TONIGHT ON THE TERRORDOME: The Real-Life Hero of Hotel Rwanda

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Thirteen years ago, reactionary forces in Rwanda executed a wide-ranging plan involving a months-long radio propaganda campaign, Western military training, blitzkrieg militia-strikes, Western diplomatic cover-fire and finally Western sanctuary. That plan and its horrifying results are known today as the Rwandan genocide.

While a final accounting of the death toll remains controversial, at minimum, the militias called the Interahamwe systematically slaughtered three-quarters of a million people in a matter of weeks. Most of the victims belonged to the Tutsi nationality, groomed by decades of Belgian occupation and divide-and-rule tactics to be the privileged and dominant group in Rwandan society. The militias belonged primarily to the Hutu nationality, those destined by Belgian dictatorship to be the doormats of occupation and post-colonial rule.

Such Belgian interference was mild compared to Belgium’s role in Congo, which around 1900 was the mass-murder of 8-10 million people. By the 1994 genocide, though, it may have been France and not Belgium intervening for mass-destruction: “Rwandan government officials claim that new proof of France’s role in the 1994 Rwanda genocide has emerged during the UN’s Rwanda court hearings. Not only was France training the genocidal militias prior to the genocide, the French government was even today providing perpetrators of the genocide a refuge.”

The United States played a different role, preventing the United Nations Security Council from employing the word “genocide” which would have mandated military intervention. As evidence gathers of French foreknowledge of the then-impending genocide, some analysts argue that had there been sufficient diplomatic pressure, combined with an earlier cut-off of French military and political support, the genocide might have been averted entirely.

But even today justice is being thwarted: “Aloys Mutabingwa, the Rwandan government’s envoy to the UN-backed International Criminal Tribunal for Rwanda (ICTR)... said the French government had part of the responsibility for the 1994 genocide and for not letting the ICTR doing its job properly. [He said] that the ICTR’s ten-year investigations had produced ‘sufficient and credible evidence’ to try French government officials [for French] training [of] the Interahamwe militia.... [and it] was only because the ICTR wanted to avoid ‘a diplomatic incident’ that French officials had not been charged. [He also charged that] France keeps interfering with justice by providing a shelter for suspected genocide perpetrators.... These allegations against France are not new. In June last year, the European Court of Human Rights slammed the French judiciary for [taking an unreasonably] long time in proceeding against a Rwandan clergyman, who had been charged with genocide compliancy nine years before. The European court found that the French judiciary was not satisfying the ‘reasonable time’ requirement in the European Convention on Human Rights. [And] international human rights groups have criticised France for its seeming unwillingness to contribute to justice for Rwanda’s genocide victims. The Paris-based International Federation for Human Rights (FIDH) claims that cases related to the Rwandan genocide had in general been met by ‘a certain coolness by French judiciary authorities.’”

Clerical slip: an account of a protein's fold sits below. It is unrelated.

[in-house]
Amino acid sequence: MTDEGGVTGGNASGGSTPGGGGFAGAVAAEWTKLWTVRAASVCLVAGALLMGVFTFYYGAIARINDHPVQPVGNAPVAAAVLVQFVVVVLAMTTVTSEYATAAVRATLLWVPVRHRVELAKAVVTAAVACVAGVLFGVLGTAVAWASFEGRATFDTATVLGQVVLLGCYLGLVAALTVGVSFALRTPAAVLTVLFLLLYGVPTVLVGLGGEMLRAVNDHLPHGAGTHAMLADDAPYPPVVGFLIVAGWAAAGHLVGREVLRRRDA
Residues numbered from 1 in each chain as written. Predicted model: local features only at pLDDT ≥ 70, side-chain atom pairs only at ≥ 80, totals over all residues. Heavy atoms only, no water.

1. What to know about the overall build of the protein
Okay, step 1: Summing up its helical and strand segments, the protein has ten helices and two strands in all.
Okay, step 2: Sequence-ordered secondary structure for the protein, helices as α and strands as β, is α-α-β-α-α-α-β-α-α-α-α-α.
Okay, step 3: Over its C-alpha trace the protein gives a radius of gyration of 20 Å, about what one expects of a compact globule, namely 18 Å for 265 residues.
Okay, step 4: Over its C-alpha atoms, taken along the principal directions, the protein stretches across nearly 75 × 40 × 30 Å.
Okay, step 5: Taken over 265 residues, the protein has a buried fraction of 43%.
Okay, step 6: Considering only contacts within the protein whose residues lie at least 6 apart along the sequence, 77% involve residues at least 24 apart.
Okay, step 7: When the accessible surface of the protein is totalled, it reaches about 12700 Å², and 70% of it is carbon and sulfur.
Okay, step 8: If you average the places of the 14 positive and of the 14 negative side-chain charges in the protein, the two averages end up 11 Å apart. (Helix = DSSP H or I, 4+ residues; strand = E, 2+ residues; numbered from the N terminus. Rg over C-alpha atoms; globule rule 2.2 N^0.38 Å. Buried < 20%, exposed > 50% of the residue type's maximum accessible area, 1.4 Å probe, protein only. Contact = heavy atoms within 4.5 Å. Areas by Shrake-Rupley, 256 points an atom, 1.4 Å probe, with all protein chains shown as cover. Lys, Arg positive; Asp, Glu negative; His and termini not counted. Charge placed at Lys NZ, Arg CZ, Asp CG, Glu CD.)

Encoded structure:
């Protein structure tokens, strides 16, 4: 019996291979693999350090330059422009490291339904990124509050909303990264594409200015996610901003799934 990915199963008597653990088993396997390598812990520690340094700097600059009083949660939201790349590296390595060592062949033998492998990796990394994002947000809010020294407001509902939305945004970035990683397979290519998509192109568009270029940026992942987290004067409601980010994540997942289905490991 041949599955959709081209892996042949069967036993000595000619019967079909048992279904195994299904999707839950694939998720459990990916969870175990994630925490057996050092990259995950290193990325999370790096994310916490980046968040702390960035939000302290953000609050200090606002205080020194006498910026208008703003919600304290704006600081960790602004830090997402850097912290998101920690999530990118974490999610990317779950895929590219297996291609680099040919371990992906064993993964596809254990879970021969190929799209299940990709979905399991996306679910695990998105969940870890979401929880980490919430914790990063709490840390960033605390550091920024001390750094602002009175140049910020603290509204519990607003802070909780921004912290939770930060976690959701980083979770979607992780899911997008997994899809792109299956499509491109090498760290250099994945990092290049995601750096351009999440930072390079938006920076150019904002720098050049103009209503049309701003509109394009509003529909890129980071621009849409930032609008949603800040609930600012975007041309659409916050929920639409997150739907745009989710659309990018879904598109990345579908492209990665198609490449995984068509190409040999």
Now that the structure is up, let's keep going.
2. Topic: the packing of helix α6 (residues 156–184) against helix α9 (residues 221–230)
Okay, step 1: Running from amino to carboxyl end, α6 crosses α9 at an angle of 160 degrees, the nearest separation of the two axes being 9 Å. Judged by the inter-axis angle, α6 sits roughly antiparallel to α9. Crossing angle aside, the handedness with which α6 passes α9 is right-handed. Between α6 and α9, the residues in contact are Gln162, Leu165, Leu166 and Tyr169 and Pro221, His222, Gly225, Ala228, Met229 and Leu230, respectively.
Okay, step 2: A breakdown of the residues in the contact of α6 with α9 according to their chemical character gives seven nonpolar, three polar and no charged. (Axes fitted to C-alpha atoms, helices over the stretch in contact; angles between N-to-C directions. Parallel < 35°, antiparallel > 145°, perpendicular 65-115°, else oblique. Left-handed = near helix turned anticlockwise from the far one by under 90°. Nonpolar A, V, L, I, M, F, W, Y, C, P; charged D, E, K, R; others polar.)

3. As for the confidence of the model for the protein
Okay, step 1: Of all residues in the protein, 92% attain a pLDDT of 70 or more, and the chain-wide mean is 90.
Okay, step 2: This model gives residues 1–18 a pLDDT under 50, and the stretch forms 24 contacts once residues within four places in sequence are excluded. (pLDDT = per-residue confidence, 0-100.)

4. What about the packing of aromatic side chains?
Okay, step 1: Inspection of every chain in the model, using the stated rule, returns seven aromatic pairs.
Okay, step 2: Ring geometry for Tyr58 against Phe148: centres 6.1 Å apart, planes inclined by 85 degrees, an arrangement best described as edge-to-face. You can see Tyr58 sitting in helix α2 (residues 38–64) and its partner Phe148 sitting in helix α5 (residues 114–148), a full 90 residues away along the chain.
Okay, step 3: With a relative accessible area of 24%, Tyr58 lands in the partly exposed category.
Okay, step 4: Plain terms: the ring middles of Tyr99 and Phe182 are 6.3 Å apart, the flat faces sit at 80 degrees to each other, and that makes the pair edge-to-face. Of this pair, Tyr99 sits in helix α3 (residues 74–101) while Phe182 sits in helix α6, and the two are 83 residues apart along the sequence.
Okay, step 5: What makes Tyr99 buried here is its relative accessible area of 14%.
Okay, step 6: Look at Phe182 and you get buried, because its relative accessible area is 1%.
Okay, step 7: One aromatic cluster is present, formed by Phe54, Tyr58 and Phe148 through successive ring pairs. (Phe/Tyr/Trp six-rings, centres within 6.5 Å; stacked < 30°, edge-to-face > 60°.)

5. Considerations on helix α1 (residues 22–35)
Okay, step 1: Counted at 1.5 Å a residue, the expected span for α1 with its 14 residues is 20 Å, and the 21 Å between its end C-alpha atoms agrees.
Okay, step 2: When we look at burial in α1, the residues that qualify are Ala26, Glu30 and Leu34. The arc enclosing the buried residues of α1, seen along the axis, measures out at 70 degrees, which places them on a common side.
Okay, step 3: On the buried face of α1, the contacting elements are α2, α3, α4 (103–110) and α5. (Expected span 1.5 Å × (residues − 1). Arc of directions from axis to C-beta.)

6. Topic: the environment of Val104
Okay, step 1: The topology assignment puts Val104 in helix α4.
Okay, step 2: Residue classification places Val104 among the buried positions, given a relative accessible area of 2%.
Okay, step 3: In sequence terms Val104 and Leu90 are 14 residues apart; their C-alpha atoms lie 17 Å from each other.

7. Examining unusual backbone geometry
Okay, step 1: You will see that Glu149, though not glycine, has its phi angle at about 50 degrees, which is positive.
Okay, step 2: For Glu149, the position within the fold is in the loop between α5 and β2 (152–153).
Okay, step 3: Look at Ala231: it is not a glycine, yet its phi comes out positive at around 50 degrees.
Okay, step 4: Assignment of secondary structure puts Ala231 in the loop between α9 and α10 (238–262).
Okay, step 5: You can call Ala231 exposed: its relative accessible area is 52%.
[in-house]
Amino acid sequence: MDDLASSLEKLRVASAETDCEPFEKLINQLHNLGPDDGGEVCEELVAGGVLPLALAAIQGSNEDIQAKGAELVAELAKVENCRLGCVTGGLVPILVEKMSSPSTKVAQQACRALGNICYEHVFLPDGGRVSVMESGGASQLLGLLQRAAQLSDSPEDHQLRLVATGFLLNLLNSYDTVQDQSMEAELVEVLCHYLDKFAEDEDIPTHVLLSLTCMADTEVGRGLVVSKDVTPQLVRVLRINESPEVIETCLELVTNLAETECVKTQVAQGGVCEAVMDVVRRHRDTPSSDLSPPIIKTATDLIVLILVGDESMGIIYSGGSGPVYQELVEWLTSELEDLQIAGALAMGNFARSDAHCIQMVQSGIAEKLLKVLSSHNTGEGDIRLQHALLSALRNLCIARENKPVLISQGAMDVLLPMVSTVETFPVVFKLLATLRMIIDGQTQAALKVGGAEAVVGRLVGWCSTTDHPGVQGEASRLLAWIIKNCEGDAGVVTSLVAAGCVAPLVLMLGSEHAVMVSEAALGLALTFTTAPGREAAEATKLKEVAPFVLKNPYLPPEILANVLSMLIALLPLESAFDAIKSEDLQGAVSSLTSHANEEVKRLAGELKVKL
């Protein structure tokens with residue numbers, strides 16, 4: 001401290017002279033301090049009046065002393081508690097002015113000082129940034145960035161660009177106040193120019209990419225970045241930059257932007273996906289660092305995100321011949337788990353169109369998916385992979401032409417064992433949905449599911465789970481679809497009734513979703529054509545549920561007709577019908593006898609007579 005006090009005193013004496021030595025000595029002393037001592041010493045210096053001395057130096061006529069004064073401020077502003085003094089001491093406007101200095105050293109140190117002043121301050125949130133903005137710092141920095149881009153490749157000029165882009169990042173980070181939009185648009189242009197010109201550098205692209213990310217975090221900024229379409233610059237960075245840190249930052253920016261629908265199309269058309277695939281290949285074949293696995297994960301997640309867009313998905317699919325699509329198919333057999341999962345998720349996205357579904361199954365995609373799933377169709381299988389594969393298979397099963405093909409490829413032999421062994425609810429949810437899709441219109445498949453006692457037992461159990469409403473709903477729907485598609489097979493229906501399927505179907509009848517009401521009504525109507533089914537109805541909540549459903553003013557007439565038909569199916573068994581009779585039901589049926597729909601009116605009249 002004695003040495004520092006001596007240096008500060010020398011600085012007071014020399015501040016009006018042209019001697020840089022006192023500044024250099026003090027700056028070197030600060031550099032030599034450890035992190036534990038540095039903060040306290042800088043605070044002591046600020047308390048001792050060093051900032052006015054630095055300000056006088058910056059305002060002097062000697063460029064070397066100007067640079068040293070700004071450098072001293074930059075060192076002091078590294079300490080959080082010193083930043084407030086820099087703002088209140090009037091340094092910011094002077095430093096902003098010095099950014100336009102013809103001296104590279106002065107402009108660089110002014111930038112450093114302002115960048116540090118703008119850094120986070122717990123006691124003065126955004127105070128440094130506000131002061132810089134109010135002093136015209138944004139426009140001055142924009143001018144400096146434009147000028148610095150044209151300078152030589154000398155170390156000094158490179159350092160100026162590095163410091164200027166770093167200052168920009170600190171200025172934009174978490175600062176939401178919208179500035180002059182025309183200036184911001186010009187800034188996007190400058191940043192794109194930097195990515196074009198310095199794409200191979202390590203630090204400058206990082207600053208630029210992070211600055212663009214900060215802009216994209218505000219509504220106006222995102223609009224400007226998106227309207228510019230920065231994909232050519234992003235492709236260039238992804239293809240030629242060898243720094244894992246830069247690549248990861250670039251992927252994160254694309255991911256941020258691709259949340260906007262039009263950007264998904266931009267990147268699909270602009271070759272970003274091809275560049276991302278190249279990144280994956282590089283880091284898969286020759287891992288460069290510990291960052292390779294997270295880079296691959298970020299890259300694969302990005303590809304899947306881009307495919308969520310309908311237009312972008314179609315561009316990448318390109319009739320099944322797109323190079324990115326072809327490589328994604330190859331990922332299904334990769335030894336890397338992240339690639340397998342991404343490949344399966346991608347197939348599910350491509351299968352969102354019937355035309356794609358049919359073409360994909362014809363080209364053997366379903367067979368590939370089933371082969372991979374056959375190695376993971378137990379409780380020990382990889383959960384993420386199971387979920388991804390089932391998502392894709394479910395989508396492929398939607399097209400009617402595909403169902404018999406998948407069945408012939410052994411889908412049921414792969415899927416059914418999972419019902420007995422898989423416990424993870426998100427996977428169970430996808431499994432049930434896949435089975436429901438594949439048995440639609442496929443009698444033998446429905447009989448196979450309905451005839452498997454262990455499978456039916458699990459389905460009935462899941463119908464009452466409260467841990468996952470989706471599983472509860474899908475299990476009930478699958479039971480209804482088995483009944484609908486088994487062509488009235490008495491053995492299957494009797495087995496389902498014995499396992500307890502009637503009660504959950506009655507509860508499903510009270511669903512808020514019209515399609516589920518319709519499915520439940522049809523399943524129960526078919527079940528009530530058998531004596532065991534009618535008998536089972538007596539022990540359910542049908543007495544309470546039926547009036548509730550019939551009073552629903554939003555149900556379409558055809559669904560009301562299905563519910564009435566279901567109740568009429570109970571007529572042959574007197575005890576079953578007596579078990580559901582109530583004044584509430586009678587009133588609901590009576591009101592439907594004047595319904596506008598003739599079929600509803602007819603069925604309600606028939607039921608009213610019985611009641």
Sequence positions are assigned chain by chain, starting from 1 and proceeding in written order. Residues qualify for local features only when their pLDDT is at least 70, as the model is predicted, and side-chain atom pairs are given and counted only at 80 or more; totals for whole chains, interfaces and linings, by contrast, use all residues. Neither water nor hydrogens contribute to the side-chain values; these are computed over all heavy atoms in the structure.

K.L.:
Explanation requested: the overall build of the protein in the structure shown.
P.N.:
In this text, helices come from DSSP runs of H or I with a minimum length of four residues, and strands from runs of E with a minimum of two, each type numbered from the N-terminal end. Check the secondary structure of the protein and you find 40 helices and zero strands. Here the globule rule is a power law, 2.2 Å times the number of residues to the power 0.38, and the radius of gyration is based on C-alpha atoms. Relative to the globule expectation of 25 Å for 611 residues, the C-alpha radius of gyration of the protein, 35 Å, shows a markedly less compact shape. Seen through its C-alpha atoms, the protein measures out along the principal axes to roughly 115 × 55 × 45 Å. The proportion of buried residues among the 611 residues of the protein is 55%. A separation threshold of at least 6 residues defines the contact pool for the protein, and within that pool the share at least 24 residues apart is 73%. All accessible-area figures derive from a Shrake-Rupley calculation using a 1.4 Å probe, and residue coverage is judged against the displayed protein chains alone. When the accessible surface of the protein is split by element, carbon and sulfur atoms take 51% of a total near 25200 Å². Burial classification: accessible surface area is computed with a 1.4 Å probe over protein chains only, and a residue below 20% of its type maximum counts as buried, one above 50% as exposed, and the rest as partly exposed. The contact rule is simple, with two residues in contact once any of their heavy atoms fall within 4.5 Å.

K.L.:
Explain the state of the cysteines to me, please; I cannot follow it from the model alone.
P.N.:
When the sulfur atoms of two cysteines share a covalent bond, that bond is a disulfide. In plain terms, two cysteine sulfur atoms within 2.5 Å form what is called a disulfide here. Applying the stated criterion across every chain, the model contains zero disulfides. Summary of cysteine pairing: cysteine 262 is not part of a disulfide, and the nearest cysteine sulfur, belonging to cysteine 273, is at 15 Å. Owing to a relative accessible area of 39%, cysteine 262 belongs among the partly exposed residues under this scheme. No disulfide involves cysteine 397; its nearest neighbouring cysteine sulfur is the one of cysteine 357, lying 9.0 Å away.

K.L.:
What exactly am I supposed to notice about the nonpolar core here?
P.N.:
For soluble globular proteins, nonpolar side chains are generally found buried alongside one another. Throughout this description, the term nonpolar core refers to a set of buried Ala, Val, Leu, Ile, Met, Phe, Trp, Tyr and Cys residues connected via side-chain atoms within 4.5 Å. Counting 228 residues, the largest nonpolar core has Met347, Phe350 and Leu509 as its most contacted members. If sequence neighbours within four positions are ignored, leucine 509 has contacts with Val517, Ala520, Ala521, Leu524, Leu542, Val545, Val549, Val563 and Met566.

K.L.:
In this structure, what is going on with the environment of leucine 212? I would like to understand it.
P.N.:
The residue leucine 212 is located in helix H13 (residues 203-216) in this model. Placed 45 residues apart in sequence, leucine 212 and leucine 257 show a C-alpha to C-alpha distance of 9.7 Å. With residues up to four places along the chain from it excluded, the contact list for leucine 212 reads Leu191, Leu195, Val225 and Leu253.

Whatever France’s role in the genocide, and the UN’s in failing to prevent it, the horrors of Rwanda were directly committed by Rwandans against other Rwandans. And just as the worst villains were Rwandans, so were its greatest heroes. One such hero calls himself “an ordinary man.” That man is Paul Rusesabagina, depicted by Afrikan-American actor Don Cheadle in the recent feature film Hotel Rwanda.

Born in 1954, Paul Rusesabagina went on to study theology in Cameroon before studying hotel management in Europe. As a hotel manager in Kigali, Rwanda, during 100 days of genocide, he gave shelter to 1,268 people in the Mille Collines Hotel. He’s been compared to Oscar Schindler for his heroism under such great risk. Unlike some prominent people who survived the massacres with their sanity barely intact, Rusesabagina went on to become a businessman and he currently owns a transport company.

Now his broader mission is to prevent genocide in his homeland and anywhere else in the world. He also served as special consultant to Academy Award-nominated film Hotel Rwanda, and in 2005 established the Hotel Rwanda Rusesabagina Foundation, which provides financial assistance to children and women affected by the genocides in Rwanda and across the continent. He’s published an autobiography from Penguin entitled An Ordinary Man.

Rusesabagina spoke before the California Commonwealth Club on March 14, 2007. The event was moderated by Sandeep Roy, editor of New American Media and host of Upfront on KALW FM.


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